AAIAC

The Alliance of Alcohol Industry Attorneys & Consultants is a select organization of alcoholic beverage licensing and compliance professionals.

Carding Sting for Tennessee Retail Liquor Stores Delivering Alcoholic Beverages

We recently learned of a new downside for Tennessee retail liquor stores delivering bottles of alcohol to customers.  The Tennessee Alcoholic Beverage Commission cited at least one off-premises license holder for delivering hooch to a confidential informant.

The sale to minor citation involved a call to the package store for delivery of a bottle of alcoholic beverages to a nearby hotel.  The store took the order, processed a credit card and sent an employee to deliver the booze.  We understand that the employee met the “customer” in the hotel lobby and carded the “customer.”

Unfortunately for the retail store, the employee misread the age and completed the sale by delivering the bottle to the underaged informant.  The ABC issued a citation for sale to minor.  Based on what we know, the informant presented an authentic Tennessee driver’s license with a red box around the photo, indicating that the informant was under 21.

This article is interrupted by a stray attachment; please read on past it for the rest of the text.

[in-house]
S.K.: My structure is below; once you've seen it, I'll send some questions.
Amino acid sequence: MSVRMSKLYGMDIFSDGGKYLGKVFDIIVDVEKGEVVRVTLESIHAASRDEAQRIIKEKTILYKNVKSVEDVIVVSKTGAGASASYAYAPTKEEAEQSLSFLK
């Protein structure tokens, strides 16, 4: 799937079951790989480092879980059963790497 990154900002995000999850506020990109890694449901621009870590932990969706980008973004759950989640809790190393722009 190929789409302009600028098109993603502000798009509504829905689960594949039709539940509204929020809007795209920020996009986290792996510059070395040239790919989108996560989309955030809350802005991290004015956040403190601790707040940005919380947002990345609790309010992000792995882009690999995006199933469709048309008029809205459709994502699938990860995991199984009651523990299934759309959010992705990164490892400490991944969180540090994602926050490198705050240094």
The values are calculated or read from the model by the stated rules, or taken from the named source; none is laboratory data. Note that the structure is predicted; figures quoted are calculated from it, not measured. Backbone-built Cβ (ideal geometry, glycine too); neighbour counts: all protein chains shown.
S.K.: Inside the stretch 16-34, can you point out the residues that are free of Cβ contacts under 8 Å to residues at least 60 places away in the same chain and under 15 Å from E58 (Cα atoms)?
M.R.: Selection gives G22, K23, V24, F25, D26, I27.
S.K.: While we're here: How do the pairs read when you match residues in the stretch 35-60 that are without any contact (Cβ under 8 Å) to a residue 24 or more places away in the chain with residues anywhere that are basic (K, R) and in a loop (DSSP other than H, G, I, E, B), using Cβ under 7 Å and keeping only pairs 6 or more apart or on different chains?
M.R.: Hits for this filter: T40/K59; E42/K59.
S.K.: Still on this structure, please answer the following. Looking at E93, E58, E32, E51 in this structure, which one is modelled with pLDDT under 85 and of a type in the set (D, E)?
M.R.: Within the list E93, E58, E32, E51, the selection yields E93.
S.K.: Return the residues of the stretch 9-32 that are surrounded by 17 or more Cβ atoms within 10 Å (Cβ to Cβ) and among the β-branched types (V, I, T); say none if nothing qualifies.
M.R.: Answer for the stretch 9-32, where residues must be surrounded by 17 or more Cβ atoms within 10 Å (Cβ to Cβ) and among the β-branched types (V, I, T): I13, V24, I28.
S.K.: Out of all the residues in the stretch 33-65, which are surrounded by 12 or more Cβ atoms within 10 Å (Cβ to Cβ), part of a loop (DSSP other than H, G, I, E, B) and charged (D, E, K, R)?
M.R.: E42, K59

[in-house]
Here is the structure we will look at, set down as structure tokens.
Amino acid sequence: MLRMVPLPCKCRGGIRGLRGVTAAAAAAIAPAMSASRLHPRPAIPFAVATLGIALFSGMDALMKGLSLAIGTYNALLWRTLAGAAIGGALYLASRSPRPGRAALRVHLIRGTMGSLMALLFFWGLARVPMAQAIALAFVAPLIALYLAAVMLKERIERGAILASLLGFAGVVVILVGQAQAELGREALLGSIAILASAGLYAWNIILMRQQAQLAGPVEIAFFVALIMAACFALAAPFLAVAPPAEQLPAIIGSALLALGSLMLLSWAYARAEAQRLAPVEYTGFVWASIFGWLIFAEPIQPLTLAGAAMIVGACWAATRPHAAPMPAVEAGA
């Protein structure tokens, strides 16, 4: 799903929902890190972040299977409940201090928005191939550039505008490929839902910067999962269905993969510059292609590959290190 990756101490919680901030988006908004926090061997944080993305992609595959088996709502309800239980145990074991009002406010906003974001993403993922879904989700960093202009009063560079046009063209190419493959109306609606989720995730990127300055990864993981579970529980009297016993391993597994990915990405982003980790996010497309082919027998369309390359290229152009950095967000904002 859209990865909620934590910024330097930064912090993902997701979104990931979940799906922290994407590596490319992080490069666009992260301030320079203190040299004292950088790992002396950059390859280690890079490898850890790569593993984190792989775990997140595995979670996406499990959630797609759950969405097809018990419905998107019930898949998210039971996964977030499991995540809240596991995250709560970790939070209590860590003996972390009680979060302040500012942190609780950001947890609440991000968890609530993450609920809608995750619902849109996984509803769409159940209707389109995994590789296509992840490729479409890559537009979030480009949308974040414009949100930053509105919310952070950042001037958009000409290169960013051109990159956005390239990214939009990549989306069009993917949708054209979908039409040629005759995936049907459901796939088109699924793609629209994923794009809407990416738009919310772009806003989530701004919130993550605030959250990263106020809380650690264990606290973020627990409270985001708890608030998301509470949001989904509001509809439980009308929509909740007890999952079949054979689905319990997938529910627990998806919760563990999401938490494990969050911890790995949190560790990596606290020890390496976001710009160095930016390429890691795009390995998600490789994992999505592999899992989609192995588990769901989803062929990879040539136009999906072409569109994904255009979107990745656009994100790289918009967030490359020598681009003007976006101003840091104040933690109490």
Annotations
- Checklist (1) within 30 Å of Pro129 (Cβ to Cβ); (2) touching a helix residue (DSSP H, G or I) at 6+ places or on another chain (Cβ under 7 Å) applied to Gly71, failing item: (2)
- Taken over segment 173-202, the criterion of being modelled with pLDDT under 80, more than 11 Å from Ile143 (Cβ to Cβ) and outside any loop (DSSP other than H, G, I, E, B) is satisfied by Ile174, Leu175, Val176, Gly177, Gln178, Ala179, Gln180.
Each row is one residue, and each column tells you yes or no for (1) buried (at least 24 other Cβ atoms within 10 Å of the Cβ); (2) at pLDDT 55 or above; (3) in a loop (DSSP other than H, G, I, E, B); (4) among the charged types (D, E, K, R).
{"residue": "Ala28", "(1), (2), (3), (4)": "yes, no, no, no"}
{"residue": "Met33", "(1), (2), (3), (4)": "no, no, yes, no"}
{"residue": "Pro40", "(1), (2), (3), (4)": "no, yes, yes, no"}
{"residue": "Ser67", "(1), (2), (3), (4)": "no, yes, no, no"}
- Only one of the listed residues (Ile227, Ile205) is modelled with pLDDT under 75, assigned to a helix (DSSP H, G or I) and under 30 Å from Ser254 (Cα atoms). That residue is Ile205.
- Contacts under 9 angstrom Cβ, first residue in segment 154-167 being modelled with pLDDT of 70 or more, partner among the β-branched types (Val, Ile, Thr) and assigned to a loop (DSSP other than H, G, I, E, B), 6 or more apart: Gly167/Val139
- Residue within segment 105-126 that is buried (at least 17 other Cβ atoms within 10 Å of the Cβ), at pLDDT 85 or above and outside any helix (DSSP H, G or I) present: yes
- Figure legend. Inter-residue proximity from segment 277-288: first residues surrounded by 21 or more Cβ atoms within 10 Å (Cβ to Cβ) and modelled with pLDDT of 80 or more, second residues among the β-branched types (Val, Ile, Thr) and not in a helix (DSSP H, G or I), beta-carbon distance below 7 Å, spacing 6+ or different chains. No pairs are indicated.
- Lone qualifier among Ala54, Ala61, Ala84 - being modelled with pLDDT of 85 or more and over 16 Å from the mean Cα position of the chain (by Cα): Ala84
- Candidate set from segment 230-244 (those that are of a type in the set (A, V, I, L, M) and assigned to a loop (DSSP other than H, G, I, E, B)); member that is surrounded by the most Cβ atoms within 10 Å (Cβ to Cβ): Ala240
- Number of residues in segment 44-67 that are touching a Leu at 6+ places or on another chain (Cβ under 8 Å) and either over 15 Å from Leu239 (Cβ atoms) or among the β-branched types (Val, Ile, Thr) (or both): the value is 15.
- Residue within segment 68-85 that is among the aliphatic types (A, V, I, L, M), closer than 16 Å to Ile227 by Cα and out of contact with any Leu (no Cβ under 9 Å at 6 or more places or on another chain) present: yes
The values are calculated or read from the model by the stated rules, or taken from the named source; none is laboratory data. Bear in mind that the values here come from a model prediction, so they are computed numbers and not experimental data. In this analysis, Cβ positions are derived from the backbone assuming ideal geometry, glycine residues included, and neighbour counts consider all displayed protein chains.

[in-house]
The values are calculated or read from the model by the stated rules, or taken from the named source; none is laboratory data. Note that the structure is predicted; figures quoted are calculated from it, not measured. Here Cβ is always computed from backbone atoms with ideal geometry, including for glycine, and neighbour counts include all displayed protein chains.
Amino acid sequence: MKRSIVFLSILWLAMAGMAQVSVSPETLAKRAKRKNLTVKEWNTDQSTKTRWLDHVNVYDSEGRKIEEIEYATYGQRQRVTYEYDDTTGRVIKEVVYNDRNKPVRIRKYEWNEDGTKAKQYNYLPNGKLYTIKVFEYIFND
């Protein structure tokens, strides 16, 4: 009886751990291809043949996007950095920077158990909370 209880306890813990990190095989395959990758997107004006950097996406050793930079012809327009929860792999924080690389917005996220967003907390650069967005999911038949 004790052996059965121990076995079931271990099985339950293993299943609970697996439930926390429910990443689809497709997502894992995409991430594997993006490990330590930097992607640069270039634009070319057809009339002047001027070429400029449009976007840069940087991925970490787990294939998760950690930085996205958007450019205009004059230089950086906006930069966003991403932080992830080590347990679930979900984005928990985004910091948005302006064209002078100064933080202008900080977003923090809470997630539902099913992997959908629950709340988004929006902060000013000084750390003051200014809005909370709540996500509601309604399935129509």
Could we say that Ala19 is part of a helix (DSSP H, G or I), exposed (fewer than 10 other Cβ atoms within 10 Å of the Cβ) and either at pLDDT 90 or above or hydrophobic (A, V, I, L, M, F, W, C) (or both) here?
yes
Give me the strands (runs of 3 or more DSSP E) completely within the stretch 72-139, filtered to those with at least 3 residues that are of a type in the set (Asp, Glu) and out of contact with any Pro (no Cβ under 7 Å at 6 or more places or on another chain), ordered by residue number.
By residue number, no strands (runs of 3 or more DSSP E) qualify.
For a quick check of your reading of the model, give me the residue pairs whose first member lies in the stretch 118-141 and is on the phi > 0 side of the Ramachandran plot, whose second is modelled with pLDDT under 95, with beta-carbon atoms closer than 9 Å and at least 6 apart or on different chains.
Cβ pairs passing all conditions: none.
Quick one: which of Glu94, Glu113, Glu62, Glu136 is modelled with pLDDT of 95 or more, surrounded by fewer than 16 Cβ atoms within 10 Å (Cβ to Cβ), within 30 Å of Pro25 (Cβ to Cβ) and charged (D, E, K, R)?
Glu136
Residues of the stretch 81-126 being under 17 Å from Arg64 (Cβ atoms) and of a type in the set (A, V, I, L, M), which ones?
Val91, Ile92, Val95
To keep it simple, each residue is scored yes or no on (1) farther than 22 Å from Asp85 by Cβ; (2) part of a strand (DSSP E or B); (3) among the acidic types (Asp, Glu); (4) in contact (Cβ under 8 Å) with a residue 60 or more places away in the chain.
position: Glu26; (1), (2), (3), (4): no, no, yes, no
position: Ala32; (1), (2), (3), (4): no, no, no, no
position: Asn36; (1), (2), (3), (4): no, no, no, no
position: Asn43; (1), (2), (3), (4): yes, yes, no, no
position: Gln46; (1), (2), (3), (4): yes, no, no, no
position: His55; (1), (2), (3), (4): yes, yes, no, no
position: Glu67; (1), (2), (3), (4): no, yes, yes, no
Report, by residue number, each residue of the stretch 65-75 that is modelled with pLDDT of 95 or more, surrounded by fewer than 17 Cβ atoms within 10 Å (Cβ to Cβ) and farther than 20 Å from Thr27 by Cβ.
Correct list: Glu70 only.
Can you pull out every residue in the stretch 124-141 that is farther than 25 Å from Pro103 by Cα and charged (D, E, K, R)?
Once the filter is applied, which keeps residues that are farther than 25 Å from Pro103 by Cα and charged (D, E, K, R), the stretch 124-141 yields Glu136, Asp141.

Time and time again, we remind license holders to train employees to focus on under 21 Tennessee IDs. Please, please please. The ABC is doing a great job with underage stings.  We recently blogged about 429 ABC sale to minor citations over the past year.

Willa brings up The Police’s 1983 massive hit:

Every move you make, every vow you break
Every smile you fake, every claim you stake, I’ll be watching you

E-mail us if you would like to learn more about our Red Box Carding techniques at This email address is being protected from spambots. You need JavaScript enabled to view it..  The ABC is definitely watching you.

Original author: William T. Cheek III
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Tennessee ABC Updated Citation List Shows Seriousness of Sales to Minors

We love that the new Tennessee ABC under Clay Byrd is committed to transparency.  A huge new development under Director Byrd’s leadership is compiling and releasing comprehensive reports of all ABC citations against license holders.

The most recent report is here.  The 98 page report summarizes citations from January 2016 through the first few days of January 2017.

Our rough count shows 429 sales to minor citations in just over a year.  The Tennessee ABC has deployed well-trained agents that, based on our casual observations, are successfully targeting large chains and independent restaurants, hotels and venues.